Obama, Bush and Dallas' police chief and mayor crossed racial and party lines to join hands as a choir sang a hymn
US President Barack Obama urged Americans on Tuesday to shed despair and rise above racial divides to honour five police officers slain in Dallas in a racially motivated attack, even as he admitted that bias remains a persistent national problem.
Obama's address to a memorial service for the officers killed last Thursday also followed a series of high-profile police killings of black men in the past two years, including two last week, that have sparked the most intense debate on race and justice the country has seen since the 1960s civil rights movement.
"I understand how Americans are feeling. But Dallas, I'm here to say we must reject such despair. I'm here to insist that we are not as divided as we seem. And I know that because I know America. I know how far we've come against impossible odds," Obama said at the service that was also attended by Vice President Joe Biden and former president George W Bush.
The five Dallas officers were gunned down by military veteran Micah Johnson, who told police he was angered by police killings of black people. Johnson was killed by an explosive-laden robot sent in by police.
Obama noted that the attack in Dallas came during a protest against racial bias in policing that followed the fatal police shootings of black men in Baton Rouge, Louisiana, and outside St Paul, Minnesota. Obama said no institution was immune from prejudice.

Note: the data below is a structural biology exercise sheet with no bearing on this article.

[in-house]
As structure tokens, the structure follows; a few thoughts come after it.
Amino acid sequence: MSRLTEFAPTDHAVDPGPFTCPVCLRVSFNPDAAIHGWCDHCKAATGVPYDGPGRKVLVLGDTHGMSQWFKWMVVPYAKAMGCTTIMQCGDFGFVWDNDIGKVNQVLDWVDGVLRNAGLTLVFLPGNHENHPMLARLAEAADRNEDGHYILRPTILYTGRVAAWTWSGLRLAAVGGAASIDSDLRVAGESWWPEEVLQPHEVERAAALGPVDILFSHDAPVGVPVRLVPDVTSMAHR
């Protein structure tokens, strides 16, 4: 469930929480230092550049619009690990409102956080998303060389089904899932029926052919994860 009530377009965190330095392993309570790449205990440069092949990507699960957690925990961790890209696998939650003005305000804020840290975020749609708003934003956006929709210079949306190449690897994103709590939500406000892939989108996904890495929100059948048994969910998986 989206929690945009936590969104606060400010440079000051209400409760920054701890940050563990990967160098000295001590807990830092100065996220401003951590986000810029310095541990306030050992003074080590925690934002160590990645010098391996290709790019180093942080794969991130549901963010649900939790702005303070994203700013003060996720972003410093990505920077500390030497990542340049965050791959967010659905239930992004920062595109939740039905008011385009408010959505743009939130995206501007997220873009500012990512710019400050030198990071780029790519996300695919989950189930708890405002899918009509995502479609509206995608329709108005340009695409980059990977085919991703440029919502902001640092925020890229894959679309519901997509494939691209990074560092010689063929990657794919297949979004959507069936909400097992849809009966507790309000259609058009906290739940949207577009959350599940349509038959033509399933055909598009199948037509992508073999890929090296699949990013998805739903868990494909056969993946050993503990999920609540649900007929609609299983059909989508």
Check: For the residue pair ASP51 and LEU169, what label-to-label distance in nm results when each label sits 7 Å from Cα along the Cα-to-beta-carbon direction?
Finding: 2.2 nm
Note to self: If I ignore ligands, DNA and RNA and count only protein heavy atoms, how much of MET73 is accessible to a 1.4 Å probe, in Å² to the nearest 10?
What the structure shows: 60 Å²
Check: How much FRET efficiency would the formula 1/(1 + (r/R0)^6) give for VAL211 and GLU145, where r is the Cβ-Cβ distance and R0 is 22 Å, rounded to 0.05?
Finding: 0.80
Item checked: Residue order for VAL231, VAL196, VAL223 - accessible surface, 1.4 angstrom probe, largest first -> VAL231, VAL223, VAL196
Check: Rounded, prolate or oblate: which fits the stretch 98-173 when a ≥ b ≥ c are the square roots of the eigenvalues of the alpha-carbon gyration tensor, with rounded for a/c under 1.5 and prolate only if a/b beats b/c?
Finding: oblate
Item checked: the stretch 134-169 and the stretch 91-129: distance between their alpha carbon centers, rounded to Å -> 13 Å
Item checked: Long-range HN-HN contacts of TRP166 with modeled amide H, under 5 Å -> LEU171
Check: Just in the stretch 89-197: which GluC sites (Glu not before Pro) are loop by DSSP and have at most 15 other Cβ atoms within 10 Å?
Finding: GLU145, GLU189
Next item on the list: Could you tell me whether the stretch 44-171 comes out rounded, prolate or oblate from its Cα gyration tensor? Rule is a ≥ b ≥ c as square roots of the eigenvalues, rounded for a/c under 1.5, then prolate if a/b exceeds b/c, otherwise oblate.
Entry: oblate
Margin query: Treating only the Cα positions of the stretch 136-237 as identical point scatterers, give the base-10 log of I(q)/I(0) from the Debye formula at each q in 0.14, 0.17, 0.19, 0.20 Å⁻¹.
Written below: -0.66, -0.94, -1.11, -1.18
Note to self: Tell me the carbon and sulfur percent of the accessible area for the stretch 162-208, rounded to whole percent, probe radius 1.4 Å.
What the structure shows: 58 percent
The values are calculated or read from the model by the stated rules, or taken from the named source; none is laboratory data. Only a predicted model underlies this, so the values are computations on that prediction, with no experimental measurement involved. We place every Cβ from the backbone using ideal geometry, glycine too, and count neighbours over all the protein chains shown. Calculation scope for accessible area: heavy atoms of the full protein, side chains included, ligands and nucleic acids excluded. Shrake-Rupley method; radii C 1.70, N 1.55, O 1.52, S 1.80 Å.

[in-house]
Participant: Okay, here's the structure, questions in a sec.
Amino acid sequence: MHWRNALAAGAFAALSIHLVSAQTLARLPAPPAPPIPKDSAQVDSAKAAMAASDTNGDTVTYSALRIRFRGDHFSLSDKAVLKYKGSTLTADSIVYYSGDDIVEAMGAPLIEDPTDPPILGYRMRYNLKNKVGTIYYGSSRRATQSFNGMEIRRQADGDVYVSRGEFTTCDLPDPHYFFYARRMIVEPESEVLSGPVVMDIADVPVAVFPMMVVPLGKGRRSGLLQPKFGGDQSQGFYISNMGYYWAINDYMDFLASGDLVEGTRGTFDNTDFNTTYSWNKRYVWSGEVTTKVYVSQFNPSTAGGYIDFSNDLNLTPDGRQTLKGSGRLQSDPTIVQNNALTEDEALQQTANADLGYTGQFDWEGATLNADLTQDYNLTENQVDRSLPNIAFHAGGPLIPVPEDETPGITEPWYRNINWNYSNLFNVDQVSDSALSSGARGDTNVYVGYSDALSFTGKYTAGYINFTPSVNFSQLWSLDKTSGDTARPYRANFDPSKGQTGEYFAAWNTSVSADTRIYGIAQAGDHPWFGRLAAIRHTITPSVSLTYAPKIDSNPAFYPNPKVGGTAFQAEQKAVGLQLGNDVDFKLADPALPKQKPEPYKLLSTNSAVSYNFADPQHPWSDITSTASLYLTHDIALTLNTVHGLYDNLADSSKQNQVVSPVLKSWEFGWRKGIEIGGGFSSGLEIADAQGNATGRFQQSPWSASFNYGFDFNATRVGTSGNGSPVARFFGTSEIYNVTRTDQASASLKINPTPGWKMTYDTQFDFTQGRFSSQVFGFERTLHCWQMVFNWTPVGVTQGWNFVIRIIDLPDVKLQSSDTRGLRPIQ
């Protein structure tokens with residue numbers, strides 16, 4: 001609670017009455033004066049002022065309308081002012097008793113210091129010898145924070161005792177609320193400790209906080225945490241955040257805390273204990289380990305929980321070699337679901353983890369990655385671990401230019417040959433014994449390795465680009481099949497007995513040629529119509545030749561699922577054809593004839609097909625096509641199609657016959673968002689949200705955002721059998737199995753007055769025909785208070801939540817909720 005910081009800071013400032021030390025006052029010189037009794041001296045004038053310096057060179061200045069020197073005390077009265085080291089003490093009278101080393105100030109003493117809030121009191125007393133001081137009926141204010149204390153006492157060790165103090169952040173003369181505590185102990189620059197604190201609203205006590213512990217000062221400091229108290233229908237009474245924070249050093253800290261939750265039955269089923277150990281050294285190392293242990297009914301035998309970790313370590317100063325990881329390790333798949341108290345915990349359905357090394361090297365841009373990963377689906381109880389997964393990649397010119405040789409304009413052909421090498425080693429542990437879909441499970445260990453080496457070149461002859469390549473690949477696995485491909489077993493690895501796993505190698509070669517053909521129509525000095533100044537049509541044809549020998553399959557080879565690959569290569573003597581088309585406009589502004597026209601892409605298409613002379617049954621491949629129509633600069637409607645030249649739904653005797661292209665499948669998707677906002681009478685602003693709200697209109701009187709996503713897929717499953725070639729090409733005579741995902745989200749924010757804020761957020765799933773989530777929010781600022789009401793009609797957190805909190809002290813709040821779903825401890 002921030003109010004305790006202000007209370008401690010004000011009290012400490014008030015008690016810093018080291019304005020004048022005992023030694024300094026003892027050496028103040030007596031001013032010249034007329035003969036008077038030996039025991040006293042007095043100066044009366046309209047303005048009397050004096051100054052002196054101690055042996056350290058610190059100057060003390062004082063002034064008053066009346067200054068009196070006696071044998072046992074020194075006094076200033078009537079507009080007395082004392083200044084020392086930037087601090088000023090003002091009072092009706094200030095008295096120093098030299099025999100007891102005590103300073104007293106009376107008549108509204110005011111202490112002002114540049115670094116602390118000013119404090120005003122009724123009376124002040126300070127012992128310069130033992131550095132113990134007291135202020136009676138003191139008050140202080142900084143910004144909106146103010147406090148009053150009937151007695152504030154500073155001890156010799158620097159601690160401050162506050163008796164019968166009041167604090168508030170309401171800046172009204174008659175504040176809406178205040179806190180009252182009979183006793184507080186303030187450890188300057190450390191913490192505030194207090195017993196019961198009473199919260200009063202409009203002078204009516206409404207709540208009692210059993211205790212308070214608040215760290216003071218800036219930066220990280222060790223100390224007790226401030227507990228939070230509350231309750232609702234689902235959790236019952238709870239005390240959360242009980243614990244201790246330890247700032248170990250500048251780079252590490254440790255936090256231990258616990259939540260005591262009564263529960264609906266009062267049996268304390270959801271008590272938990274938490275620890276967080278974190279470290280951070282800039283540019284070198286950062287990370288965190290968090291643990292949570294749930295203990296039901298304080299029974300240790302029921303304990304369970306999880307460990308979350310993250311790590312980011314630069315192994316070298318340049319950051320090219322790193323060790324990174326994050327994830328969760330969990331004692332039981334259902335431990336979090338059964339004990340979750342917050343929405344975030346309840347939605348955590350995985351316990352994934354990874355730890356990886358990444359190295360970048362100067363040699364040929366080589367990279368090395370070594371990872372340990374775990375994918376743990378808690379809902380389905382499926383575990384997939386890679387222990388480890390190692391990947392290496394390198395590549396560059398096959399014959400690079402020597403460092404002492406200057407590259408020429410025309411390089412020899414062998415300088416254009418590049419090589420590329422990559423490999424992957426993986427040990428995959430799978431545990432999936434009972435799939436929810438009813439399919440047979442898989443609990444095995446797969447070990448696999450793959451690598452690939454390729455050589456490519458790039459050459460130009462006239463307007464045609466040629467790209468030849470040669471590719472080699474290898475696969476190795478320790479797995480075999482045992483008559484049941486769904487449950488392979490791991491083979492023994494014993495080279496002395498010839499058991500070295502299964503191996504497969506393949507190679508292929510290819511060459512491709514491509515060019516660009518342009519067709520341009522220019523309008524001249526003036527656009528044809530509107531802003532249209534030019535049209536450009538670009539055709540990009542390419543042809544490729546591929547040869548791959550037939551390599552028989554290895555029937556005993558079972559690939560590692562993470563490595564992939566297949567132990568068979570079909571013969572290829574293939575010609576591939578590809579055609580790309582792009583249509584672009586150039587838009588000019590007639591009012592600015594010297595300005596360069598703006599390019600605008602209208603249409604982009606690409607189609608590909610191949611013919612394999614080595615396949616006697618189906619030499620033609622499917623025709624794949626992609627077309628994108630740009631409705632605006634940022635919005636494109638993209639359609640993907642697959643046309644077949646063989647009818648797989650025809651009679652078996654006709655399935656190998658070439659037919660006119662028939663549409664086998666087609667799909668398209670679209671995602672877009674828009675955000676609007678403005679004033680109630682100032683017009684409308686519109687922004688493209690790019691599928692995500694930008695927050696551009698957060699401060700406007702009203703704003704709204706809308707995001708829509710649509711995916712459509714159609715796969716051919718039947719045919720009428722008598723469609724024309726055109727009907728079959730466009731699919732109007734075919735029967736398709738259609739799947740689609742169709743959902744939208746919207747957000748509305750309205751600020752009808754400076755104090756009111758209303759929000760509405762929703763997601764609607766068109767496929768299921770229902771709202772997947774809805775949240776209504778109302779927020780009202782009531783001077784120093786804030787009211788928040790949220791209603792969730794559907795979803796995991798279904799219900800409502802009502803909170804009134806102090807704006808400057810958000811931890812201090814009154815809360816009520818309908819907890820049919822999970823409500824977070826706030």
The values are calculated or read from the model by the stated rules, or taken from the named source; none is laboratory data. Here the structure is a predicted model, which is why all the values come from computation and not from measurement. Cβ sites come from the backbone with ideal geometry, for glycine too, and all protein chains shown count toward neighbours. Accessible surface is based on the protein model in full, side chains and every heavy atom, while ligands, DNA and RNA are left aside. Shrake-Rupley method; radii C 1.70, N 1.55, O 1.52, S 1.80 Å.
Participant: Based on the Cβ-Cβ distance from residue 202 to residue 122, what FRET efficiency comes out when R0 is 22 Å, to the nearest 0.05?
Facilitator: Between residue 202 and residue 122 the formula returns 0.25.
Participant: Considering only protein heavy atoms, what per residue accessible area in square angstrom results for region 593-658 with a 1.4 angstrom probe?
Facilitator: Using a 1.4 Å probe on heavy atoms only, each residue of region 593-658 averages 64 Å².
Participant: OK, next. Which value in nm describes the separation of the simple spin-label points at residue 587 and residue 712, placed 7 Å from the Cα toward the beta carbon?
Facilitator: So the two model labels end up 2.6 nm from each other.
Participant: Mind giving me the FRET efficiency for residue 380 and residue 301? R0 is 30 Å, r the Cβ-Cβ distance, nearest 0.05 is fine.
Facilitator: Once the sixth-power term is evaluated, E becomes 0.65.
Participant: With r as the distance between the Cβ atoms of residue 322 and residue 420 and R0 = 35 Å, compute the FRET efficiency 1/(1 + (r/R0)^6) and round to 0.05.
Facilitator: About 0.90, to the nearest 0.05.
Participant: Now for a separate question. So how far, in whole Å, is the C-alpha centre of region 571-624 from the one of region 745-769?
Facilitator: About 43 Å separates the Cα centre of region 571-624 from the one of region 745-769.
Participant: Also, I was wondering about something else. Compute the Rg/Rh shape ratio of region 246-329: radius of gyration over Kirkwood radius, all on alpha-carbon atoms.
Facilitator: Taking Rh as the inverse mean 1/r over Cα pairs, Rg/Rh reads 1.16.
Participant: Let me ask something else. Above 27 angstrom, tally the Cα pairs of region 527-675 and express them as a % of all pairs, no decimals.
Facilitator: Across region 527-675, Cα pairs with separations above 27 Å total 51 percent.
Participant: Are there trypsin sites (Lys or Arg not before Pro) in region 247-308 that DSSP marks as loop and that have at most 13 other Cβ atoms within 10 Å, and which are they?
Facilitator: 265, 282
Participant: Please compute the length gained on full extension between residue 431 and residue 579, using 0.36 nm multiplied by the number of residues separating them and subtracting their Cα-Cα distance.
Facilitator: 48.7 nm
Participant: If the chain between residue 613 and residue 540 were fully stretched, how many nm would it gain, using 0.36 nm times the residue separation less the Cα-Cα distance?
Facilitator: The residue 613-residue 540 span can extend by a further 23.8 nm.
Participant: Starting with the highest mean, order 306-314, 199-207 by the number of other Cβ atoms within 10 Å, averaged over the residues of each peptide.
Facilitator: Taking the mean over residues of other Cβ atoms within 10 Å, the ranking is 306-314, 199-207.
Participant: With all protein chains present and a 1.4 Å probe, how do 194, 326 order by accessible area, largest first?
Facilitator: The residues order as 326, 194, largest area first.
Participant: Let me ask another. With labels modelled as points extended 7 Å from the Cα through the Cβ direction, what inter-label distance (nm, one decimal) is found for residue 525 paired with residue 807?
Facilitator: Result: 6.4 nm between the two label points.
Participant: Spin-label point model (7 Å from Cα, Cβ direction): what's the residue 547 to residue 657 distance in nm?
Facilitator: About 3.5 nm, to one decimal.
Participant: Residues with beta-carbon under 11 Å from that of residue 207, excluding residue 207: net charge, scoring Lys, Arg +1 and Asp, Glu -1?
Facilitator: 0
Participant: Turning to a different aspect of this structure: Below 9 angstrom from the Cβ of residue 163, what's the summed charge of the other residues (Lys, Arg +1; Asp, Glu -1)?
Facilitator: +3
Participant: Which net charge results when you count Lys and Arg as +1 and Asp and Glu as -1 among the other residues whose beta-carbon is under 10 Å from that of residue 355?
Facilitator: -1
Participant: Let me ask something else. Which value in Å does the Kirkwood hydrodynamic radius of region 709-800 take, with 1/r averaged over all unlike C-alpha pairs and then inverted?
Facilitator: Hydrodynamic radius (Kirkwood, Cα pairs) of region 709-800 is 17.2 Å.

"Perhaps we've heard prejudice in our own heads and felt it in our own hearts. We know that. And while some suffer far more under racism's burden, some feel to a far greater extent discrimination's stain. Although most of us do our best to guard against it and teach our children better, none of us is entirely innocent. No institution is entirely immune, and that includes our police departments. We know this," Obama said.
Obama also praised the police in Dallas and around the country. "When anyone, no matter how good their intentions may be, paints all police as biased or bigoted, we undermine those officers we depend on for our safety," said Obama.
Bush also addressed the packed hall, where five chairs were empty of people, holding folded American flags, in memory of the slain officers. He also sought to strike a note of unity.
"At times it feels like the forces pulling us apart are stronger than the forces binding us together. Argument turns too easily into animosity," Bush said. "Too often we judge other groups by their worst examples, while judging ourselves by our intentions."
After a week when Americans saw video images of angry crowds protesting the police killings of black men and heard the screams of
Thursday's sniper attack on police in Dallas, the memorial ended with Obama, Bush and Dallas' police chief and mayor joining hands in a gathering that crossed racial and party lines as a choir sung a hymn.